Martin Farquhar Tupper
A Dozen Ballads About White Slavery. Ii. The Factory Slave - Poem by Martin Farquhar Tupper
Pale, and shabby, and looking so ill,
Hungry and cold and wet,
On a winter's morning going to mill
The factory-child I met:
All the day long among perilous wheels,
His duty it was to tend
Spindles and jennies and shuttles and reels,
A toil without an end,
For iron never grows weary, nor feels,
Nor ever made child its friend!
One among hundreds was that boy
Who never had known of a home nor a toy,
But work'd without hope, and lived without joy!
Stunted, sorrowful, looking so old,
Blear-eyed, weary and wan,
Though thrice ten years had barely been told,
I came to the factory man:
All life long in a poisonous air,
Blighting to body and mind,
Where health soon turns to be stagnant there,
And piety deaf and blind,
His lot was a loom and a ricketty chair,
And cotton to weave and wind!
One among thousands all alike
His only excitements were Drink and the Strike,
To think of the torch and to dream of the pike!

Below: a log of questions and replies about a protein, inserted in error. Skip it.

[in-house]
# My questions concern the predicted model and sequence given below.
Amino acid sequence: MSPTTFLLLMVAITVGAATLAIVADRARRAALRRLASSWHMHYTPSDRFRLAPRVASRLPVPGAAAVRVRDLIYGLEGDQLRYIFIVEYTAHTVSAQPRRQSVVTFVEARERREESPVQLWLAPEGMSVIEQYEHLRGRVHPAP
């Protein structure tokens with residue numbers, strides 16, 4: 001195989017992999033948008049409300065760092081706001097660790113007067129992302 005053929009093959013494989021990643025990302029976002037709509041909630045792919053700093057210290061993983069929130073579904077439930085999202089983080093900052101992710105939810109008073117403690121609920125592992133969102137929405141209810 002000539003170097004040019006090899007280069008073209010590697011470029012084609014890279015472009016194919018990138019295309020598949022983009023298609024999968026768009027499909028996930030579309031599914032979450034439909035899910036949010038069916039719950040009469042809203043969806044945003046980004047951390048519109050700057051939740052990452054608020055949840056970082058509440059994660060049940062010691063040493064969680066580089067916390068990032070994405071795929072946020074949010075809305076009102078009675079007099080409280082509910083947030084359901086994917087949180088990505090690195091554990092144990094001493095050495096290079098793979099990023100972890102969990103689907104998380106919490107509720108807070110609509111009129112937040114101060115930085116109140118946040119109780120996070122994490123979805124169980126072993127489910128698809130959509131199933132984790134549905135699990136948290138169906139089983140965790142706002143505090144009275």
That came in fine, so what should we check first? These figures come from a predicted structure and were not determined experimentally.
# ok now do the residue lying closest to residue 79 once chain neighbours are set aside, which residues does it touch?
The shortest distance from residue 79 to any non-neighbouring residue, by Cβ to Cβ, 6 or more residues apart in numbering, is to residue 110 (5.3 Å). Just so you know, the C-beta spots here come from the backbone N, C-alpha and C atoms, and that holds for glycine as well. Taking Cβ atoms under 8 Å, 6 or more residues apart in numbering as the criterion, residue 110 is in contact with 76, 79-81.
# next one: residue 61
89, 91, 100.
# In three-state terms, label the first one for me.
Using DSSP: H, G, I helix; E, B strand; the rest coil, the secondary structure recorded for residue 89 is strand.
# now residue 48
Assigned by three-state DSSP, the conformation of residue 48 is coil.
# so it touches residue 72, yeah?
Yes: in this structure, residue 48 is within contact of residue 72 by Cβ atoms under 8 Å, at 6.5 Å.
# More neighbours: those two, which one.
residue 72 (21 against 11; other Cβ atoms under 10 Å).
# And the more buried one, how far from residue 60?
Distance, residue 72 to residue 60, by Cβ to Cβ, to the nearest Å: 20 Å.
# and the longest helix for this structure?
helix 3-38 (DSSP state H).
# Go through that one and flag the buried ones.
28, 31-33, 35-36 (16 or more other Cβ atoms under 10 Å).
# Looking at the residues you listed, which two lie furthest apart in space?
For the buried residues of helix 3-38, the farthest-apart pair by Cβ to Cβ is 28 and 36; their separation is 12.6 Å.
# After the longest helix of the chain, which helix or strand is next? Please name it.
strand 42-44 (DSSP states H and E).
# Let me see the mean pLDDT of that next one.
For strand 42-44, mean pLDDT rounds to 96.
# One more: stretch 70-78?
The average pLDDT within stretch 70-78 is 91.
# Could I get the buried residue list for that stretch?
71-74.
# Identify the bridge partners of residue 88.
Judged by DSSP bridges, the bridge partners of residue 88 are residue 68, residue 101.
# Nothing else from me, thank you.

Faded, slatternly, looking so weak,
Tho' once a Scotch lassie so braw,
- With sin in her eye, and disease on her cheek,
The factory-girl I saw:
That close dim room was her home for years
With all things vile to endure,
Irksome labour, and quarrels, and jeers,
And words and deeds impure,
And so till Death,- amid sorrows and fears,
And all without a cure!
One of a multitude was that girl
Slaving amid the machinery's whirl,
Bold, and beggar'd of modesty's pearl!
O but how base and shameful a thing
Is this, ye getters of wealth,-
That your prosperities Ruin should bring
On happiness, virtue, and health!
Consider the Mind, remember the Soul,
Of these poor Bodies take care;
If Providence over them gives you control,
As stewards to be judged, beware!
And you, good men,- ay, good on the whole,
No Strikes! - lt all be fair.
Thus, on a just anti-slavery plan
Let each do well, as well as he can,
And all will go better with Master and Man!
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